There’s a fire in the kitchen; or, more offensive futility.

Have you ever had one of those moments? You know, the kind that happens when you are almost done with something (like cleaning the kitchen), but then you take a step back and take a looooong look at what is left. It really doesn’t seem like much. Nobody will see the dust under the shelves. Nobody will actually look to see if the gunk under the burners is wiped up. I might not have finished, but it’s just… good enough.

You know that feeling? It’s usually right. No one usually notices the cleaning deficiencies. However, every once and a while your mother-in-law comes over, and you better believe she’ll find ALL the dust! Then you go to heat up some water for her tea, and the gunk under the burner bursts into flame. Then suddenly your mother-in-law is screaming at you from the other room about how this wouldn’t have happened had you just cleaned the stove, and by the way, you’ll get mice and roaches because of the dust under the shelves. Meanwhile, you are fumbling for the fire extinguisher from under the sink and the neighbors are pounding on the wall and the smoke detector is going off and you finally figure out how to work the fire extinguisher and put out the fire.

After all the drama, you have one hot mess in the kitchen and one angry mother-in-law. See? Not doing the cleaning does come back to bite you.

***

Enter the Twins offense. Yesterday, the Twins scored five runs in the period of two innings. At that point, it was as if the hitters took a step back and examined their work, and it was good. They thought, “You know, that’s good enough. Our pitchers pretty much rock, and usually when we score five runs, we win. We rock. Come over here and pat me on the back. Oh, you? Sure, I’ll pat you onĀ  the back too. Anyone want a Mai Tai? We’re done here.”

…And then the Twins’ collective mother-in-law came over when Perkins gave up back-to-back home-runs. At that point, the offense could have hastily brushed up some of the dust (possibly using the metaphorical cat) and wiped under the burners quick like a fox. Instead, they thought, “Nah, it’s good. We’ll be just fine. We still have a run. It’s not like the, erm, home runs (okay, so the metaphor is falling apart) will want some tea.”

…And then came Boof Bonser, who is really much more of a crumpets guy. When the, er, home runs inquired about tea and maybe inviting over some company, he was more than happy to oblige. Another home run followed, and suddenly the offense was dealing with a burning, screaming, pounding, hot mess. They looked at the scene and yelled, “Ahhhhh!!! Where’s the fire extinguisher?! Where’s the fire blanket?! Oh, where, oh where is Pat Neshek (it turns out he was busy prepping for a podcast with Seth Stohs, which should be very much worth the listen tomorrow at 8pm central)??!!!”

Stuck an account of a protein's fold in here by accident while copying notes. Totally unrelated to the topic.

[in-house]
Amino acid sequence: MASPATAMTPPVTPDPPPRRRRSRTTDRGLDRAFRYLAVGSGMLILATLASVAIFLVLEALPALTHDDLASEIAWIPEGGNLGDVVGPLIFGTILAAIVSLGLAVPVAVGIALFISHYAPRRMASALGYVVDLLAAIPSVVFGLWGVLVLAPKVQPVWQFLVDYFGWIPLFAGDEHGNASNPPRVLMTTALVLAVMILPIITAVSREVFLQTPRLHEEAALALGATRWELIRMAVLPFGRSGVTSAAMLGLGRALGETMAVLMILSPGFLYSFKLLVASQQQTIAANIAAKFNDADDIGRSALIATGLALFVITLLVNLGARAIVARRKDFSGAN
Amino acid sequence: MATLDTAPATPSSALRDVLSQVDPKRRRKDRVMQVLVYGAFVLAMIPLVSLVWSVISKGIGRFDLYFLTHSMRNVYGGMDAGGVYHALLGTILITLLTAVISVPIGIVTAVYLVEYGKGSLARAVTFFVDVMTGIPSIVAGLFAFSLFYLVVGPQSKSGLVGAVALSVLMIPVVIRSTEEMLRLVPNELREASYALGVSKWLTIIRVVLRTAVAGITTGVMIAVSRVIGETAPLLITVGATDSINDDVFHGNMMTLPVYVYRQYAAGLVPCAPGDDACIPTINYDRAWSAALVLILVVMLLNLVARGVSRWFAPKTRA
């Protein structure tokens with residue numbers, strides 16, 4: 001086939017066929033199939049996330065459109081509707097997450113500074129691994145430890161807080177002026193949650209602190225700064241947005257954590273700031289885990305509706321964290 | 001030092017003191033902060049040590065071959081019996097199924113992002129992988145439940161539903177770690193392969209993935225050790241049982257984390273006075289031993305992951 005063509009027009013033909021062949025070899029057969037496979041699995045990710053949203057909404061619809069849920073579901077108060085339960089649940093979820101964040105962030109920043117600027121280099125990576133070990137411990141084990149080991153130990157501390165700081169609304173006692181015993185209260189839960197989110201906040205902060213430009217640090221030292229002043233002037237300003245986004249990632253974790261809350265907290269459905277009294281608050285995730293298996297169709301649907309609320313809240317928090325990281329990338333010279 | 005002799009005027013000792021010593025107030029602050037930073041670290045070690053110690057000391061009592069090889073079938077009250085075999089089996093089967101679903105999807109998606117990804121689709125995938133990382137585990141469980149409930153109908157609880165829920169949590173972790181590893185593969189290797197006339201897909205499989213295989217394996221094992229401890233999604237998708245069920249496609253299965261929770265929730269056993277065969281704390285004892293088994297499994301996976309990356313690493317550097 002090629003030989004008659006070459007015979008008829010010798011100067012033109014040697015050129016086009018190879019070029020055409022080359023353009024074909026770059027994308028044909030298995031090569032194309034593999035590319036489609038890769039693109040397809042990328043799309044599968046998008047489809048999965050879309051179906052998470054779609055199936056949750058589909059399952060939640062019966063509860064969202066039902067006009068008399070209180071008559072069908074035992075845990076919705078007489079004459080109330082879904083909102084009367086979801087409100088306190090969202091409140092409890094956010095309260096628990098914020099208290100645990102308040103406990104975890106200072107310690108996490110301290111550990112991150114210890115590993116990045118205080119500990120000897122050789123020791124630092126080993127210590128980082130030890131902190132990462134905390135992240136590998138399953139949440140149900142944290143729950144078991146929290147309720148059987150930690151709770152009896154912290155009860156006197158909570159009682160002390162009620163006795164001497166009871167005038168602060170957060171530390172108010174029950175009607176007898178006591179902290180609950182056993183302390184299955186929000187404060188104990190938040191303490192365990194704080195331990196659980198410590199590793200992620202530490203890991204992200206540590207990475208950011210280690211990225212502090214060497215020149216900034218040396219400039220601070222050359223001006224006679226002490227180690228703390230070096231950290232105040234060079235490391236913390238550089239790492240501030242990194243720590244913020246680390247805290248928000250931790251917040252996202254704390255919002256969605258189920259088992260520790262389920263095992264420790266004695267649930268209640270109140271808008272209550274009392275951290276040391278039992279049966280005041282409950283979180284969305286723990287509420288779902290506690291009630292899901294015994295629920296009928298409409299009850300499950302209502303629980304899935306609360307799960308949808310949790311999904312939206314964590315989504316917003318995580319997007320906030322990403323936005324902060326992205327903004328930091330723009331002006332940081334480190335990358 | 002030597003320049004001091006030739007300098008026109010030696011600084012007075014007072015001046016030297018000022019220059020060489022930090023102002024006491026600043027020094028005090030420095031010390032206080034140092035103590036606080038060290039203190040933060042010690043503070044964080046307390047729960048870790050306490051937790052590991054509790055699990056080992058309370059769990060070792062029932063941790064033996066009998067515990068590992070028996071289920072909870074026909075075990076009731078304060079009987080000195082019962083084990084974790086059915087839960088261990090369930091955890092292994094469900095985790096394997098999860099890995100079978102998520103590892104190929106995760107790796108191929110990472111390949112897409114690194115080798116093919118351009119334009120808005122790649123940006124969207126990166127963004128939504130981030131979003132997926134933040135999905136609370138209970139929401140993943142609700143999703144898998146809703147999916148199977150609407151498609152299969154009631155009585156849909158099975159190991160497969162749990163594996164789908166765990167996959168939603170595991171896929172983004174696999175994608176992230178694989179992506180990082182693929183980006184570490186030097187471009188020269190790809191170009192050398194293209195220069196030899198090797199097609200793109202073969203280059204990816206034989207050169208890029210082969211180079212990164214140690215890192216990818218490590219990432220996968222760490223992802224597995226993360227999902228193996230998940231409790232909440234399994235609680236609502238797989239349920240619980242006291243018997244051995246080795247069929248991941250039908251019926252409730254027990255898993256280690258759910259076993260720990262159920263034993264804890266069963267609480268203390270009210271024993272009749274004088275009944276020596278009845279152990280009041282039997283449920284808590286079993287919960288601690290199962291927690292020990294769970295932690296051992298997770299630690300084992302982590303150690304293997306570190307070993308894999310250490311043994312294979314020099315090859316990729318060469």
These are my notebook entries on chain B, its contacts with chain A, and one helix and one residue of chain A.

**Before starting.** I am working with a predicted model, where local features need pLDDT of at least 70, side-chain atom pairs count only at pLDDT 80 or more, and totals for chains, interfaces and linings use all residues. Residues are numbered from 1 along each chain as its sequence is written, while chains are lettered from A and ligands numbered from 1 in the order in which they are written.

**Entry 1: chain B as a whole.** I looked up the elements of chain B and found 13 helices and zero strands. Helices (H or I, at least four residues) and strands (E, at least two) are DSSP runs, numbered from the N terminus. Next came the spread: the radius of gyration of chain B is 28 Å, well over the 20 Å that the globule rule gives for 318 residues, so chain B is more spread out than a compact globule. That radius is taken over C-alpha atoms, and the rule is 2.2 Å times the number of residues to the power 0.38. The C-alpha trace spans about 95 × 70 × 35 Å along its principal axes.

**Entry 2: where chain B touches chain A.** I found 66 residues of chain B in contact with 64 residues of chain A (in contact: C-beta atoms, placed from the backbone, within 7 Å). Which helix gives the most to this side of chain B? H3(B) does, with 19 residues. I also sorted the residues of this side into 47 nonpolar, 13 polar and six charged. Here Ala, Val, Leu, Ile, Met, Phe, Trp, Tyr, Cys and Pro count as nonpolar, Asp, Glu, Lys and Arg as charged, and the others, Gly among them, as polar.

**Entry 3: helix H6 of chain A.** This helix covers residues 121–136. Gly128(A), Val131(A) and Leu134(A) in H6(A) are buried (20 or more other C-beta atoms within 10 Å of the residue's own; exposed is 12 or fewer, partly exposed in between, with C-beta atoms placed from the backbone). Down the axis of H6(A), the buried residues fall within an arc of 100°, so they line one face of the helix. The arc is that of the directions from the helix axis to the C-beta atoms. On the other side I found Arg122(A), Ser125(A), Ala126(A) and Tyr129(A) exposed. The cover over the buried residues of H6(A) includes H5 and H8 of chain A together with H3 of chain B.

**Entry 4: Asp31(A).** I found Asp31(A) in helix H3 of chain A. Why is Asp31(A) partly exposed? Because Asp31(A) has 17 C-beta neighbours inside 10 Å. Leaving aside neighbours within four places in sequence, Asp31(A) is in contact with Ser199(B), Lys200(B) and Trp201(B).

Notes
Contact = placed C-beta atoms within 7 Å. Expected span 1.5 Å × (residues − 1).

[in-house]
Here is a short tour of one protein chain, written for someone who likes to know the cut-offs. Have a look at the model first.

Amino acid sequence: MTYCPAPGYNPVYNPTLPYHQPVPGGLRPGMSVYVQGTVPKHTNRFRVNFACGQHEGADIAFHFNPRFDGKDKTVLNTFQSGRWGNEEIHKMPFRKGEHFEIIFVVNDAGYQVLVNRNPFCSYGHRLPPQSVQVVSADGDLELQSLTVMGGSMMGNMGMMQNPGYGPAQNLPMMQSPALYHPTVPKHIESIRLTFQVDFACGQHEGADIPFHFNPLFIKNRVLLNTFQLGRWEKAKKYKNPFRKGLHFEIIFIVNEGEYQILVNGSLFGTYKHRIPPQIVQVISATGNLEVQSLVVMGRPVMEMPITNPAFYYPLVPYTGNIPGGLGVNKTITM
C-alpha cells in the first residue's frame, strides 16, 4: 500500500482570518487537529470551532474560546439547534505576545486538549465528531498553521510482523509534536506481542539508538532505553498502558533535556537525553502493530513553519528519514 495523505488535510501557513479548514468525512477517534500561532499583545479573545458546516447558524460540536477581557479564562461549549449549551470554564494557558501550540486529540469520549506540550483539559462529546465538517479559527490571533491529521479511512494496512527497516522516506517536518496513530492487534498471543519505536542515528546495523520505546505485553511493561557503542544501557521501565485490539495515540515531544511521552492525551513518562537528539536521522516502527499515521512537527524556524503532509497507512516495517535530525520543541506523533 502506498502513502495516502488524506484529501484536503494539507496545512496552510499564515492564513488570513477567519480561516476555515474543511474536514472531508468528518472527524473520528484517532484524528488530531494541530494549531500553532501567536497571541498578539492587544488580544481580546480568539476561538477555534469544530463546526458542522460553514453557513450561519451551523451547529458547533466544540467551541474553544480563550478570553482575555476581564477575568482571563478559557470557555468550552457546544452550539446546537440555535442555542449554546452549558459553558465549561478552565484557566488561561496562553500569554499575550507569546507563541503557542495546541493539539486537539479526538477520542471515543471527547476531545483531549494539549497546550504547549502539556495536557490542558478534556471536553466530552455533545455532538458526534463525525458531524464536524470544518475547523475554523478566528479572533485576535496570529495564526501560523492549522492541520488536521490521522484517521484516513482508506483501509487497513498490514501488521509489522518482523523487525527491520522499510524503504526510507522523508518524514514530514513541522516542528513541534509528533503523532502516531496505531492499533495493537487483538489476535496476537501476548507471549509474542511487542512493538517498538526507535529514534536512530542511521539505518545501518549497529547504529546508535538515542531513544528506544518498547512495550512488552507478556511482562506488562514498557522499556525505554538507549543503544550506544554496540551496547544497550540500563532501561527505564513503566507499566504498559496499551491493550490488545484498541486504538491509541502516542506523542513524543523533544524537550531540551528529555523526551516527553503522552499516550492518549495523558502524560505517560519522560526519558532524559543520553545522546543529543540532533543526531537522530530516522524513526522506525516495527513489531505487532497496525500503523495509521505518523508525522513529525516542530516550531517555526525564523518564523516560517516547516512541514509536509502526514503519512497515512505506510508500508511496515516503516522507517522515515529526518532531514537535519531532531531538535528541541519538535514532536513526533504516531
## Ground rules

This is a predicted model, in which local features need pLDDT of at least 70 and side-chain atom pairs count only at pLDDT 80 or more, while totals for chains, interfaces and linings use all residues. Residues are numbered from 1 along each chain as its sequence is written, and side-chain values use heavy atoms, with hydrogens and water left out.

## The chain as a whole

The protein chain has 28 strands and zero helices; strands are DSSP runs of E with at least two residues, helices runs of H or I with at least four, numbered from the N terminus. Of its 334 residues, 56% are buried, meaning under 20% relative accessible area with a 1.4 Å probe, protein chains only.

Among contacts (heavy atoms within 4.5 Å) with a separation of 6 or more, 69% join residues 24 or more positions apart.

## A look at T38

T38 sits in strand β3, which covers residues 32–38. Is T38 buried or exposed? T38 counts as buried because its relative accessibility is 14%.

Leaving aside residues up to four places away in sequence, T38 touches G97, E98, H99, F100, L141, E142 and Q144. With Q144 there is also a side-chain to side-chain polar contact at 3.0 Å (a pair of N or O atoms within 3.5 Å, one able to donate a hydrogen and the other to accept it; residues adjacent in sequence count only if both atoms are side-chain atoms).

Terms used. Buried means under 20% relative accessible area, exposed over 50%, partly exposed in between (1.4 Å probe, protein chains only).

So, the Twins got out the backup fire extinguisher (Matt Guerrier), and it turns out, in an ironic twist worthy of Family Guy, that Guerrier was a joke fire extinguisher, and by the time he stopped laughing, another run had crossed the plate.

At this point, the offense panicked and ran, leaving all their friends to either burn to death or spit out the fire, neither of which turned out to be terribly feasible.

***

Yeah, making up metaphors that fall apart almost immediately is fun. However, the idea was to draw attention to a very real problem the Twins are facing: Their mothers-in-law are attending every game, causing untold amounts of stress (I kid because I love). Actually, name the last time the Twins made a habit of scoring runs in the late innings in a non-blowout situation? You have to look back to mid-June. Remember when, even though the Twins would be behind three or five runs, we just knew they would come back and win it? Remember when a three or five run lead was destined to stand up, just because that is what happens in a just world? It seems those days are past us. So, until then, I am praying for daily blowouts.

You know there is a problem when Matt Macri pinch hits and you heave a sigh of relief. Then, he strikes out on four pitches and you think, “You know, that could have been worse.” Yeah, we’re there. And state farm won’t help us this time.

New on my list:

  • The ‘Pen. And the Offense. And, well, everything to do with this team right now.
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One Response

  1. I am not worried about the offense. Hitters go hot and cold at times. I am more worried about the bullpen. Who the hell do you trust? A playoff team requires a good bullpen, and this year’s Twins team does not have a good pen, which is why Chicago will win the division.

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